El Monte Park Trail

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In the late 1800’s, the San Diego Flume Company built a 37 mile wooden flume to transport water from Cuyamaca to the El Cajon Valley. This elaborate construct consisted of nearly 9 million board feet of redwood lined with cork and sealed with tar, and traveled across 315 trestles and through eight tunnels.  By 1935, the flume was replaced with an underground pipeline. Most of the lumber and other material that made up the flume was reclaimed, but in several places throughout the county the course of the flume can still be identified by a wide cut in hillsides and mountainsides where the flume ran.

One such stretch of the old flume path runs above El Monte Valley near El Monte County Park. A steep trail beginning from the back of the park leads up to and crosses the course of the old flume before continuing further up the mountainside. In addition to the minor history lesson, the climb offers a good workout and some fantastic views of the southern face of El Cajon Mountain.

After one too many Snickers Minis on Halloween, we decided it would be best to get out and get some exercise, so we headed out to El Monte Park. You can park in the large staging area on the left side of the road for free, or head up the road a little way and enter the park for $3. We chose the free option. The views of El Cajon Mountain were impressive even from the parking lot.20151101DSC_4041-EditEl Monte

We crossed the road at the crosswalk, which led us directly to the beginning of the trail.20151101DSC_4045-EditEl Monte

A wood-chipped lined walkway paralleled the road, leading us to the western edge of the park.20151101DSC_4047El Monte

We came to a wide clearing surrounded by oak trees, with some hitching posts and a picnic table. The trail continued on the other side, where it began to ascend unapologetically up some steep switchbacks.20151101DSC_4050El Monte

We passed through a chain link fence with additional signage, and continued further up the merciless series of switchbacks.20151101DSC_4054-EditEl Monte

The surrounding vegetation was pretty dry, as we were at the end of summer. We noticed mostly buckwheat and laurel sumac along the trail. The scenery was dominated by the magnificent form of El Cajon Mountain looming to the east.20151101DSC_4064-EditEl Monte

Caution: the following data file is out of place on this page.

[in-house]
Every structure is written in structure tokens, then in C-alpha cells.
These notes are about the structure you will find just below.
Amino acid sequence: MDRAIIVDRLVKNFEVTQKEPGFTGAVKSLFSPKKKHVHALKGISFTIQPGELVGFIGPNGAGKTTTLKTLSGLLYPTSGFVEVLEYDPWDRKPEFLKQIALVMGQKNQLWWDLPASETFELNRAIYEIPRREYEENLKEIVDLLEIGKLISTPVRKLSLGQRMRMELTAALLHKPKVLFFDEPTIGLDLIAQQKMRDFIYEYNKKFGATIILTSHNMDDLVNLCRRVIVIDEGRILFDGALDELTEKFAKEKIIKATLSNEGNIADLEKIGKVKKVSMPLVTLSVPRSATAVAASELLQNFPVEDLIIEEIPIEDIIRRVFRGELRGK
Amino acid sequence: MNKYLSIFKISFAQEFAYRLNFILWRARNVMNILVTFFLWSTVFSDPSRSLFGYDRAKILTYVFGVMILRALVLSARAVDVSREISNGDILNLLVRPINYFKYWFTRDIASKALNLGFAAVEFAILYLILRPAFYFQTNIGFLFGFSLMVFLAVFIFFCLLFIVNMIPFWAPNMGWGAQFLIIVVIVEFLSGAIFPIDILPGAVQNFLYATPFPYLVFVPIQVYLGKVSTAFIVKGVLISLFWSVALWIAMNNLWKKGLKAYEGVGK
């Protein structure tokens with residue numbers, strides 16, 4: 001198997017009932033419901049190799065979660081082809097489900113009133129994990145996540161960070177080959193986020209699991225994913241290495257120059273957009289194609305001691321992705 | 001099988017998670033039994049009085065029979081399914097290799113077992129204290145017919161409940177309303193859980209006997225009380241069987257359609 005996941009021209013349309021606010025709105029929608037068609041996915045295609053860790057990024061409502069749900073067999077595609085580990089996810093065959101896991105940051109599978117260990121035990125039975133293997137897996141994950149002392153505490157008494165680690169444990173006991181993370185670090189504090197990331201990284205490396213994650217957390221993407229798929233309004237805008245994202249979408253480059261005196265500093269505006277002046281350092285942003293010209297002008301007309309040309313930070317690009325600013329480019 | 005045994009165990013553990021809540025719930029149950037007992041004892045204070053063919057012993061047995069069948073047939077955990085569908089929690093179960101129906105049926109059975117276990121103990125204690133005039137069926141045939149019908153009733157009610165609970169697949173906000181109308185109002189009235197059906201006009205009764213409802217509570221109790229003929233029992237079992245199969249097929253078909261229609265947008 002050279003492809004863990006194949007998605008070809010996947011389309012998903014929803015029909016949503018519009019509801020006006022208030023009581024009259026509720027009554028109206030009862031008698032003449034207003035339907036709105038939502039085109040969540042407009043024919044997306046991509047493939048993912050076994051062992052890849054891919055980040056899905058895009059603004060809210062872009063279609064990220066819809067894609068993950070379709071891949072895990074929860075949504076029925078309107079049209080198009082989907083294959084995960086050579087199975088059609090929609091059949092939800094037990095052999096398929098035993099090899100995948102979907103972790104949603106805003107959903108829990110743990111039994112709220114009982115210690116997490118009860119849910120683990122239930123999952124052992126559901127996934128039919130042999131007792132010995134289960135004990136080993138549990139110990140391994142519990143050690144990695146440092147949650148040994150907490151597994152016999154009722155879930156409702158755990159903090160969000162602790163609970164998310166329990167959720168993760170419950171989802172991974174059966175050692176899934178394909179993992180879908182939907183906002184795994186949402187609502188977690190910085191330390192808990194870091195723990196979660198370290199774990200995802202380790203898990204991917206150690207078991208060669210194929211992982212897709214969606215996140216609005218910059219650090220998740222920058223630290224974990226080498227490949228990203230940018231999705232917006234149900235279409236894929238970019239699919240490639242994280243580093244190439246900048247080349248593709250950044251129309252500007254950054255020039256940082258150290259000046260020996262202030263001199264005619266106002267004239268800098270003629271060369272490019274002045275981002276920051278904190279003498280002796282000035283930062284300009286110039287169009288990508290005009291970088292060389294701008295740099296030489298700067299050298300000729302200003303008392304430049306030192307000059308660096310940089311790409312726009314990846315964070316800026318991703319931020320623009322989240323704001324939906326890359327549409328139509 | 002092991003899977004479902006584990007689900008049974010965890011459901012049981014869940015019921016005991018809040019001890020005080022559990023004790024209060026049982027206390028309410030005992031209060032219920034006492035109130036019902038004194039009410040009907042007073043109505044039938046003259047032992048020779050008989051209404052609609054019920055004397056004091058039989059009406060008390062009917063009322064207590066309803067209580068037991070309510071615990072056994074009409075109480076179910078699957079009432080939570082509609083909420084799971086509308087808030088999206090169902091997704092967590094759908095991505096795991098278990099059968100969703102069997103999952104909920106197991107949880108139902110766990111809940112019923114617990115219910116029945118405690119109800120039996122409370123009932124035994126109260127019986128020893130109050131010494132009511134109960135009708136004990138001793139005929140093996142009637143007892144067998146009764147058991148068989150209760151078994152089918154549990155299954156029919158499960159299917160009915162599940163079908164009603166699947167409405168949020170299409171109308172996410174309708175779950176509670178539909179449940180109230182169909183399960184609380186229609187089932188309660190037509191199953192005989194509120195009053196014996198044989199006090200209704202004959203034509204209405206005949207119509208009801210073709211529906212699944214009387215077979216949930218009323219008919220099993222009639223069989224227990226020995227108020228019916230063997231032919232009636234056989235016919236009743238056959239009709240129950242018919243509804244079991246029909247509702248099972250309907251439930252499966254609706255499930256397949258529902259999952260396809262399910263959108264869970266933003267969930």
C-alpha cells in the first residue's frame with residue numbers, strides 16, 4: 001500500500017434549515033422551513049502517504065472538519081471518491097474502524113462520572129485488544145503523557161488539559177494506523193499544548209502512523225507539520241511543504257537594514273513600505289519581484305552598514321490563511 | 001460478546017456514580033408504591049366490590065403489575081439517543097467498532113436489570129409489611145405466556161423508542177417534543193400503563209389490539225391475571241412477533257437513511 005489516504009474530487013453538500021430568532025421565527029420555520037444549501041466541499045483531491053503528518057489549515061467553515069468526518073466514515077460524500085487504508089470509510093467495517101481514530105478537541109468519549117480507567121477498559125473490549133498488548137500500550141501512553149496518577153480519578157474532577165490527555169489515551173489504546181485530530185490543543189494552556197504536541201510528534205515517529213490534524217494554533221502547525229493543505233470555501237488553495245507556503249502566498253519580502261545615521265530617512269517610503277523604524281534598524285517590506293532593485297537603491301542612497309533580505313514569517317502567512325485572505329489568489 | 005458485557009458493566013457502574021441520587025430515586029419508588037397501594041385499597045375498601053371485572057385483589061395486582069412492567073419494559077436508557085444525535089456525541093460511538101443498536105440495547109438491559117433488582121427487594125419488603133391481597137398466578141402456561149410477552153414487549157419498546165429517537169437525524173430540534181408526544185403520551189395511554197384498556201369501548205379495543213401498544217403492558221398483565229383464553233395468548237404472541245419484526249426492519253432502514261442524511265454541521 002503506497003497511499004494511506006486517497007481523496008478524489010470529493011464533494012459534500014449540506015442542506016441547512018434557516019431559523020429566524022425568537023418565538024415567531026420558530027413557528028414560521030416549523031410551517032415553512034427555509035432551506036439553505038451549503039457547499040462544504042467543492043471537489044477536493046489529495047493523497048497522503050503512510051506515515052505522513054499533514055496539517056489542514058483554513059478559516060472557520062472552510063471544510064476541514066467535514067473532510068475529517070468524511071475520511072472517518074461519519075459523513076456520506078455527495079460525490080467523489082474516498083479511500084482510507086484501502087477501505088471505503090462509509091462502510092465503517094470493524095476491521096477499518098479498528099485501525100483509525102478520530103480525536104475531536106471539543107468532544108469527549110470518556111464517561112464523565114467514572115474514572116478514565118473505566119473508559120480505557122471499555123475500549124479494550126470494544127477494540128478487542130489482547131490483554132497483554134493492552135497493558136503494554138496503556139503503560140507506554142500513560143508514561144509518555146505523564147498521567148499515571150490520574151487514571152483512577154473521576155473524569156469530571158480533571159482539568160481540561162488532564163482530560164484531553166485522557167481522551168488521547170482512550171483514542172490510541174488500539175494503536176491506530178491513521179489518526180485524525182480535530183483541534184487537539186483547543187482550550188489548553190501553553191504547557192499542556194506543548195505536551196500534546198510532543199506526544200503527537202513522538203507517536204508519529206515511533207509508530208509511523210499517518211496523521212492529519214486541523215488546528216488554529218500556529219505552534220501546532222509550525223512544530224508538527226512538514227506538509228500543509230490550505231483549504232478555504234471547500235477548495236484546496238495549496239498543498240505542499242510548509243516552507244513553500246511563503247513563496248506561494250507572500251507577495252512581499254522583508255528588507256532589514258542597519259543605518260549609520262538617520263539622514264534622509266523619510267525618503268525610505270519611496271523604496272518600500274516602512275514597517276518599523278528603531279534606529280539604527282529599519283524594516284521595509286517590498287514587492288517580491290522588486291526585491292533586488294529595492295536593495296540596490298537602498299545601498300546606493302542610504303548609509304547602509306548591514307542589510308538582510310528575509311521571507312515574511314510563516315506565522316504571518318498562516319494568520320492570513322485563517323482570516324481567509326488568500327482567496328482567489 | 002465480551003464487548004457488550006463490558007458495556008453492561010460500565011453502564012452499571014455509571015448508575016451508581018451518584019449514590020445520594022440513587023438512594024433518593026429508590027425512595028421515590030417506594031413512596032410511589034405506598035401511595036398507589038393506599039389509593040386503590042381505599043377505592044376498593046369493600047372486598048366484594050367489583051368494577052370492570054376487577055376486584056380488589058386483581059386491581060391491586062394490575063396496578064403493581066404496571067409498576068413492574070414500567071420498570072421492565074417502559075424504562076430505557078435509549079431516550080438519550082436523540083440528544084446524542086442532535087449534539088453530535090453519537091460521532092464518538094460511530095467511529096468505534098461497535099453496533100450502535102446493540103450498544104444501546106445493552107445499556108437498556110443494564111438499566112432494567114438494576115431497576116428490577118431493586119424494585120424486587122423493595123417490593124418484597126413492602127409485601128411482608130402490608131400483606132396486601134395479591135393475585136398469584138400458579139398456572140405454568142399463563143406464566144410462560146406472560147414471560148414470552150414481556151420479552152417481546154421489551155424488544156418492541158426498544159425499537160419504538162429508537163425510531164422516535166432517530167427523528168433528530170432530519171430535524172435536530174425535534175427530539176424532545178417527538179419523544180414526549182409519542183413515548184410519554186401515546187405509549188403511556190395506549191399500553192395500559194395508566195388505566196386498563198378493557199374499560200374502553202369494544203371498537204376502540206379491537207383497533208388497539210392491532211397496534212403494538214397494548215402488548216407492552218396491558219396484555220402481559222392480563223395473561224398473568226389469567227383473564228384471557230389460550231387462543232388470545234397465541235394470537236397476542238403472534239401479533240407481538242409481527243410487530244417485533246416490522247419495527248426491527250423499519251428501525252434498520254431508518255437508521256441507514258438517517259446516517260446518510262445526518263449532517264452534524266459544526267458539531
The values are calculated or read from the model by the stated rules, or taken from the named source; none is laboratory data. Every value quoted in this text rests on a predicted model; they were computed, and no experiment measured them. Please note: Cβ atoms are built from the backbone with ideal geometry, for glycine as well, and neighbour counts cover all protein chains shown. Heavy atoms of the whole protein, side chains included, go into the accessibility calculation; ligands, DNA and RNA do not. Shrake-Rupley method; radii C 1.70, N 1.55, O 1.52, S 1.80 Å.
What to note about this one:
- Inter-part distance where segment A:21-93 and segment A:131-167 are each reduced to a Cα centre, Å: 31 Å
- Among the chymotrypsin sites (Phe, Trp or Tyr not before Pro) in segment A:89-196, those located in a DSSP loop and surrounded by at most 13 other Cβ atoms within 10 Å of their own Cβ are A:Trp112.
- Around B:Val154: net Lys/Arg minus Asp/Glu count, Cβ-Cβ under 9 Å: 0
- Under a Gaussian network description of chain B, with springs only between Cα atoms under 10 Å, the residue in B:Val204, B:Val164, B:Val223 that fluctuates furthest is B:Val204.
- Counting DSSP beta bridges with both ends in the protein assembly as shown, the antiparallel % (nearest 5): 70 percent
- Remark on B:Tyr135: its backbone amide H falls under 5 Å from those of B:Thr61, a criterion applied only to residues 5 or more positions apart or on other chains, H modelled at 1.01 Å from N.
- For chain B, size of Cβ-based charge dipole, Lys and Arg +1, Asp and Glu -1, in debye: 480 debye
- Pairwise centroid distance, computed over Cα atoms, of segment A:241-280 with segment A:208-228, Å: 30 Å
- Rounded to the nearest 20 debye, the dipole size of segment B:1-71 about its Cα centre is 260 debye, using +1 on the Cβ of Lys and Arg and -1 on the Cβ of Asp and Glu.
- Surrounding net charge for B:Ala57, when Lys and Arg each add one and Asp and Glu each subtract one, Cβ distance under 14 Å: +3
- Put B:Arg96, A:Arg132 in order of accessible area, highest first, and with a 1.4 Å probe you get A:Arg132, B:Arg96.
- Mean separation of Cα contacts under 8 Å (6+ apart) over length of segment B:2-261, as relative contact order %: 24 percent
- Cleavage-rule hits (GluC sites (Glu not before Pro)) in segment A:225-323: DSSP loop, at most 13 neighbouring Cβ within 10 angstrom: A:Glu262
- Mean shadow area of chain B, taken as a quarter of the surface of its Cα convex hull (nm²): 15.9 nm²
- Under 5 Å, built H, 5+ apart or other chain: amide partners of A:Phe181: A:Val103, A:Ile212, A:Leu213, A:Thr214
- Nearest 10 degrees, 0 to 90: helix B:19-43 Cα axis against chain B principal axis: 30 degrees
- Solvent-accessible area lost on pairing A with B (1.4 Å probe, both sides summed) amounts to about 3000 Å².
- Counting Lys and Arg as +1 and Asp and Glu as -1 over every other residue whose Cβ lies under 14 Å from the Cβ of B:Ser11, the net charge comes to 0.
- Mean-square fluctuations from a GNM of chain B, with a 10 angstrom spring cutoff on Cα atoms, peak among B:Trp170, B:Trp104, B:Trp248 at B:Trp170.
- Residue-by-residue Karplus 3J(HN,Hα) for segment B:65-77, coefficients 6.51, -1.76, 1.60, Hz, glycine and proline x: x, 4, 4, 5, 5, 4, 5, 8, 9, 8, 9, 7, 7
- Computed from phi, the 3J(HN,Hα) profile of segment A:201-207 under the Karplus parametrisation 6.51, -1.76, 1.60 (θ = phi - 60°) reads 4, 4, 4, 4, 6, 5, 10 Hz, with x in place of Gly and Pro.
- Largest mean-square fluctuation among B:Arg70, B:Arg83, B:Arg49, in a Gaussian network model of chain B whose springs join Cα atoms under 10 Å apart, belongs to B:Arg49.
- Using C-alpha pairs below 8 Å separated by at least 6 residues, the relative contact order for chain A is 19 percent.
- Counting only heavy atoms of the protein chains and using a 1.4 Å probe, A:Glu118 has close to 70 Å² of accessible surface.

Around .65 miles the switchbacks briefly relented and the trail leveled out briefly. We weren’t lulled into any sense of relief however, as we could clearly see what awaited us.20151101DSC_4143-EditEl Monte

But first things first. The trail made a short descent and around .85 miles we came to a junction with the wide, flat cut of the former flume route. Our destination lay to the left, up the hill, but we took a short detour down slope for some exploration.20151101DSC_4073-EditEl Monte

We hadn’t been able to see it from the trail above, but here we spied the remains of an old tunnel where the flume once passed through the neighboring mountainside.20151101DSC_4137-EditEl Monte

There were a couple of interpretive signs providing information and history of the flume. To the west, the old course of the Flume’s path wound its way along the side of the mountain.20151101DSC_4140-EditEl Monte

We paused to enjoy the view of El Monte Valley stretching out to the west, before resuming the death march up the hill.20151101DSC_4074-EditEl Monte

Once again, we wound our way up the slope, pausing at the end of each switchback to take in the changing views of El Cajon Mountain.20151101DSC_4080-EditEl Monte

To the west, we could see the peaks of Mission Trails off in the distance.20151101DSC_4086-EditEl Monte

Some of the switchbacks qualified as what I officially refer to as “ridiculously steep.”20151101DSC_4089-EditEl Monte

After a mile or so of slogging our way uphill, we came to a lovely and welcome bench. This was a perfect spot to sit and take in the views while enjoying the cool breeze.20151101DSC_4102-EditEl Monte
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If you’re just in it for the scenery, this would make a respectable turnaround point as the best of the trail is behind you now. We decided we hadn’t had enough punishment, however, and continued on up the hill.20151101DSC_4105-EditEl Monte

The brush grew thicker as we continued, and prolific amounts of coyote poop on the trail indicated a flourishing wildlife population. But being the middle of a rather warm day, we only saw a hand full of birds and numerous baby lizards scurrying away from us.20151101DSC_4106-EditEl Monte

At 2 miles the trail crossed a small wooden footbridge.20151101DSC_4107-EditEl Monte

We passed by some large homes before finally meeting Creek Hills Road – the end of the trail.20151101DSC_4110-EditEl Monte

From here we retraced our route back to the park.

From I-8, take the Lake Jennings Park Road exit. Head north on Lake Jennings Park Road for approximately 1.8 miles. Turn right onto El Monte Road. Follow El Monte Road for approximately 4.9 miles to the staging area on the left side of the road, across the street from El Monte County Park. Parking in the staging area is free. You can also park at El Monte County Park for $3.  map

Total Distance: 4.3 miles
Difficulty: Moderately Strenuous
Total Ascent: 1365 feet
Dog Friendly?: Leashed dogs allowed
Bike Friendly?: Bikes allowed
Facilities: Bathrooms and water at park
Fees/Permits: None if you park in the staging area; $3 if you park at El Monte Park

For more information, visit:
County of San Diego – El Monte Park
Lakeside Historical Society – The Flume
View route or download GPX in CalTopo

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